Table of Contents
- The River Yarra
- Early Rowing in Victoria
- The Beginnings (1880-1890)
- Mercantile in the Nineties (1890-1900)
- Sloan, Ivens and Fluctuating Fortunes (1900-1910)
- Dark Days and New Dawn (1910-1920)
- Years of Mixed Success (1920-1930)
- Through the Thirties (1930-1939)
- The Struggle for Survival (1939-1946)
- Building for Success (1946-1950)
- Mercantile to the Melbourne Olympics (1950-1956)
- Rowing to Rome (1956-1960)
- A Pink Cloud on the Horizon (1960-1965)
- The Storm and its Passing (1965-1966)
- A Clear Light Blue Sky (1966-1968)
- High Noon (1968-1970)
- A New Challenge (1970-1973)
- Fire and the Second Building Project (1973)
- Winds of Change (1973-1976)
- The Close of the Century (1976-1980)
- The Base for Success (1980-1984)
- Success (1984-1988)
- Oarsome Foursome (1988-1992)
- A Boathouse for the Best (1992-1996)
- The Rise of the Professional Coach (1996-2000)
- Golden Girls (2000-2005)
7. Years of Mixed Success (1920-1930)
Again, the club executive remained stable as the 1922-23 season started, with the only change being that of vice-captain in the appointment of Bert Smyth in place of U. R. Smith. During the year membership increased by 15 to 146, despite an increase in Senior subscription to £3.3.0. With Henley as the first regatta of the new season, the Senior Eight, with only one change in personnel from the previous year's Champion Eight, repeated its success in the Grand Challenge Cup and at the Melbourne Regatta won the Morell Cup for the fourth time in succession. At Henley a Senior Four also competed without success, this crew being stroked by veteran Bob Rush, who at 40 years of age was rowing in his last competitive race for the club. At the same regatta a Maiden Four, stroked by Bill Pitt, won from a field of 18 crews, thus enabling the club to claim the distinction of being the first club to win, on various occasions, all events listed on the Henley program. This same crew went on to win the Junior Four at the Melbourne Regatta and on both occasions was coached by Doc Cooper.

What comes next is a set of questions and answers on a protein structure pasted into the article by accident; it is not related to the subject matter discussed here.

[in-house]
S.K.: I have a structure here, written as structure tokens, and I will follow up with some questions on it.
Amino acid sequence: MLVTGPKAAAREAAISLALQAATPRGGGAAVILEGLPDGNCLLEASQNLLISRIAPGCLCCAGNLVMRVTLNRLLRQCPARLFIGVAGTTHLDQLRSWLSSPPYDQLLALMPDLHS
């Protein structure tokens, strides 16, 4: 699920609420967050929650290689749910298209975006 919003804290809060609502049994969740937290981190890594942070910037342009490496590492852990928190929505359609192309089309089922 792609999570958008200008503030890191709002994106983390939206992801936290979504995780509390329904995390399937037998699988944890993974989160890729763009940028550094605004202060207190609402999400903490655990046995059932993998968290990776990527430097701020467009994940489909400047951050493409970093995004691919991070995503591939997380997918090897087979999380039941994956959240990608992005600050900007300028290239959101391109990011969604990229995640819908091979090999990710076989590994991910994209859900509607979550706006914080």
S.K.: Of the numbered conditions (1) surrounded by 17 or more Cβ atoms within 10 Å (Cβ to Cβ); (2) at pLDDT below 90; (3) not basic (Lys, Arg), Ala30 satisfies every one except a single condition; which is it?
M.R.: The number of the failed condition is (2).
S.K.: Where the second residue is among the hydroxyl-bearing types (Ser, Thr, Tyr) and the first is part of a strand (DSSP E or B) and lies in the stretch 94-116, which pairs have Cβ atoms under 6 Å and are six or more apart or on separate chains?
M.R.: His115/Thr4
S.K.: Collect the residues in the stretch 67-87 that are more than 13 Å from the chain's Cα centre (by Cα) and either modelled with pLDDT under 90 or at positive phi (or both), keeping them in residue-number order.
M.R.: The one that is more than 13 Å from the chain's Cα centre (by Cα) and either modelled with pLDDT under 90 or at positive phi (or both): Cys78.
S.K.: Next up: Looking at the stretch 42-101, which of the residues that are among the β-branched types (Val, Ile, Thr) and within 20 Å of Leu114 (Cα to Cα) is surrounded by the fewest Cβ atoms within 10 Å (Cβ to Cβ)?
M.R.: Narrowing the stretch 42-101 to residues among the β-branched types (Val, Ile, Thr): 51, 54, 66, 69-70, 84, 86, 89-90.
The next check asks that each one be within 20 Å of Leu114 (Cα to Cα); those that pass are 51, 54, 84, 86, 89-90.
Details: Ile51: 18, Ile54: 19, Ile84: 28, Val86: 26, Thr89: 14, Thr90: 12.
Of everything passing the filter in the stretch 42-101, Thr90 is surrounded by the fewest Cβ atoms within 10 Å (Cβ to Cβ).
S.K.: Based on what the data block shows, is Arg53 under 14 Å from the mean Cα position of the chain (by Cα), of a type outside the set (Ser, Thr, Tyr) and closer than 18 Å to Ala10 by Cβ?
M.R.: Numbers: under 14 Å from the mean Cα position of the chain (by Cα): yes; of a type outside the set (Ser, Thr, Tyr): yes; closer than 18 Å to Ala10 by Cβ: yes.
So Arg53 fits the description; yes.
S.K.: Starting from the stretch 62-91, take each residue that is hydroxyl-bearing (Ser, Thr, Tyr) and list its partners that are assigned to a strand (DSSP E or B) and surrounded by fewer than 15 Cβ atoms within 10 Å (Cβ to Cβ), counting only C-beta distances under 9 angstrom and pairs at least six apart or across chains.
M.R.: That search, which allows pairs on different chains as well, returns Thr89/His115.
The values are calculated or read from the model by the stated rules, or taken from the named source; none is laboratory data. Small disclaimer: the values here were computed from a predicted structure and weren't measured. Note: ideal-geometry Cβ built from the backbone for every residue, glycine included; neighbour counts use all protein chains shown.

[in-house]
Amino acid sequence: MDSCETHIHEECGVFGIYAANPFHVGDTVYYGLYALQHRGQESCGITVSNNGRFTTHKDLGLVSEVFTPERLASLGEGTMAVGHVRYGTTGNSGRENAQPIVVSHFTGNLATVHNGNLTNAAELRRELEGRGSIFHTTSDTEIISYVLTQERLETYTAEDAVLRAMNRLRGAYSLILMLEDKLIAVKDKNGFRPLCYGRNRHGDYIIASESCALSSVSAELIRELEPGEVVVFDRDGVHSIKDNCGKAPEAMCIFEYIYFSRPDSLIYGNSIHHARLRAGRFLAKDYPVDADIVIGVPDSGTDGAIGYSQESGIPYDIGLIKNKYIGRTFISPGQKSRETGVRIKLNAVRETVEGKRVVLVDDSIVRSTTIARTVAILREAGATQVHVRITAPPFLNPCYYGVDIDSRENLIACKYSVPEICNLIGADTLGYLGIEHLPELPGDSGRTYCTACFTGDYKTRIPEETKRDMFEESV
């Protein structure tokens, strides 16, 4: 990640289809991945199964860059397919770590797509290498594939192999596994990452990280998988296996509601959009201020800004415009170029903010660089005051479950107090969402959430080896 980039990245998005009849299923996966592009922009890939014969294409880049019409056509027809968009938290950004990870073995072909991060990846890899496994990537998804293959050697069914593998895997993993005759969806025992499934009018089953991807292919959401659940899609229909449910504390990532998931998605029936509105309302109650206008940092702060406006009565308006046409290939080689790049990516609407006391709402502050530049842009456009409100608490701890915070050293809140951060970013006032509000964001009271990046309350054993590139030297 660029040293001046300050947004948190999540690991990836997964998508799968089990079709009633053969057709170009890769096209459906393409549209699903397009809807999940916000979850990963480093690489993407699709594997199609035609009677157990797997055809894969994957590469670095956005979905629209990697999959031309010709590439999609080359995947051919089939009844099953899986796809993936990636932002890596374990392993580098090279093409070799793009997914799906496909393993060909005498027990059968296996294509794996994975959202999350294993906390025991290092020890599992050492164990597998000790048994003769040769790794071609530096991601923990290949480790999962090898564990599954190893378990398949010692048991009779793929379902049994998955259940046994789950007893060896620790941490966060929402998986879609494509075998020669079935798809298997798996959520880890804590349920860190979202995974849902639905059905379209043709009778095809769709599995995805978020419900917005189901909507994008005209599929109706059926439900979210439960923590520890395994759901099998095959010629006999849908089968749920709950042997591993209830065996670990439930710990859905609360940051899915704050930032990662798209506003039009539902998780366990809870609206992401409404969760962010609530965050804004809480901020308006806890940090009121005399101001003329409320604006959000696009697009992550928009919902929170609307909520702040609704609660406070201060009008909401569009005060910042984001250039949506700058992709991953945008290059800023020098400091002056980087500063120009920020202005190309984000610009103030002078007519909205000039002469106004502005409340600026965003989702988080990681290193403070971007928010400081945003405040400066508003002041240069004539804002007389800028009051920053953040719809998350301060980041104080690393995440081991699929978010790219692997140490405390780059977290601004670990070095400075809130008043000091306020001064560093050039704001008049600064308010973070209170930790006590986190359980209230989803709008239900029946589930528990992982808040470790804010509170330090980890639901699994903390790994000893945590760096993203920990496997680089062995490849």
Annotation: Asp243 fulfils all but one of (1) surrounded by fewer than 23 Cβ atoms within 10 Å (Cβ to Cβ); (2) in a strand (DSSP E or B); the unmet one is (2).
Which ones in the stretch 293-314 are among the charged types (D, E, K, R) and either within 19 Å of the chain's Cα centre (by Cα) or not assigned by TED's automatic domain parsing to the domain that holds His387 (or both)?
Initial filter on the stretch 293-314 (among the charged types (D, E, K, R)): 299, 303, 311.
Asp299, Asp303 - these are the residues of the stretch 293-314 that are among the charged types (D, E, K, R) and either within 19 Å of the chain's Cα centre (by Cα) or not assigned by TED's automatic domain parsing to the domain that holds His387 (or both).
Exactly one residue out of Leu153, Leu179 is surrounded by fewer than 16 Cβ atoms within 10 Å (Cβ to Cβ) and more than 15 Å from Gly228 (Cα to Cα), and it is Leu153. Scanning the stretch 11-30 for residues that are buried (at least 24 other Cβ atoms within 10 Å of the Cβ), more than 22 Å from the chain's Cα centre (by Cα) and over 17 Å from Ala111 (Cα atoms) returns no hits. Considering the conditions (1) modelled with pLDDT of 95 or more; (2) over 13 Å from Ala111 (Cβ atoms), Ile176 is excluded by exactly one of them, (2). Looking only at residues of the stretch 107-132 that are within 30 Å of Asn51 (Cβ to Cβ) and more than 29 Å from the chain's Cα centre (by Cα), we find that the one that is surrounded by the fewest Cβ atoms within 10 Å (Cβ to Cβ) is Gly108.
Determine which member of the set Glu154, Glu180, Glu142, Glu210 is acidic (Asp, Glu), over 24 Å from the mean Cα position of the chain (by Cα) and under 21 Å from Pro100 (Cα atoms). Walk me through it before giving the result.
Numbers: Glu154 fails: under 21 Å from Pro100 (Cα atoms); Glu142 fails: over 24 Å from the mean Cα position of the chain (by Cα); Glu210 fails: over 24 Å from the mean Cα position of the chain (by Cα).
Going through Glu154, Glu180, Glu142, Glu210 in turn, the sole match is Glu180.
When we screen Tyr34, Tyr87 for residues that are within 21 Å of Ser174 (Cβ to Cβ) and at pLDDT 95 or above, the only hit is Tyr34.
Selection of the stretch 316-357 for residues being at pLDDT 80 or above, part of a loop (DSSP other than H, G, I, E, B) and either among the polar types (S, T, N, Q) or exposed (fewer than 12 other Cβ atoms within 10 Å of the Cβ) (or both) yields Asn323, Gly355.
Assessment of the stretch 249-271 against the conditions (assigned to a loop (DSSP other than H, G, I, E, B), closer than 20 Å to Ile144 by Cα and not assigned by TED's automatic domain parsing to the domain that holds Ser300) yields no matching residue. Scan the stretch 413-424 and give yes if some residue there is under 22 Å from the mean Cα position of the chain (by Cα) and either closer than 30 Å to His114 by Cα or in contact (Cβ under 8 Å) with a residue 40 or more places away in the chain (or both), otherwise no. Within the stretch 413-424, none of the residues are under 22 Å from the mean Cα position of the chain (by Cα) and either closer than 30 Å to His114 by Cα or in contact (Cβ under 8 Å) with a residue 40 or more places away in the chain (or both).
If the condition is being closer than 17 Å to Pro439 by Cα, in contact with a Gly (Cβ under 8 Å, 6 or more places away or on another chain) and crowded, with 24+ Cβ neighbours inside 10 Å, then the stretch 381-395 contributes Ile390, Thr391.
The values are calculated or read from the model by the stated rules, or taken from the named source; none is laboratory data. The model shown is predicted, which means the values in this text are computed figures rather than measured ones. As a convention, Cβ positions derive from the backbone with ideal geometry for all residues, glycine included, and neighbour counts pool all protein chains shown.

The Senior Eight's success continued in the Champion Eights, rowed in December, 1922, when it repeated its win of the previous season with a two and half length victory from Melbourne University and Albert Park.
The club's dominance in Senior ranks continued for the rest of the year. Although a four stroked by Jim Buchanan could only manage second place in the Champion Fours in January, 1923, and was also defeated in the Senior Fours at Upper Yarra and Albert Park over the holiday weekend, the Senior Eight was victorious at both the Ballarat and Barwon regattas. By its win in these events the Senior Eight achieved eight successive wins and equalled the record established by Yarra Yarra in 1890. Another successful year ended at the Sale Regatta with a winning Junior Pair and Lightweight Maiden Four. This latter win was the club's first victory in Lightweight ranks and the forerunner of the many successes Mercantile was to achieve in that division in the years to come.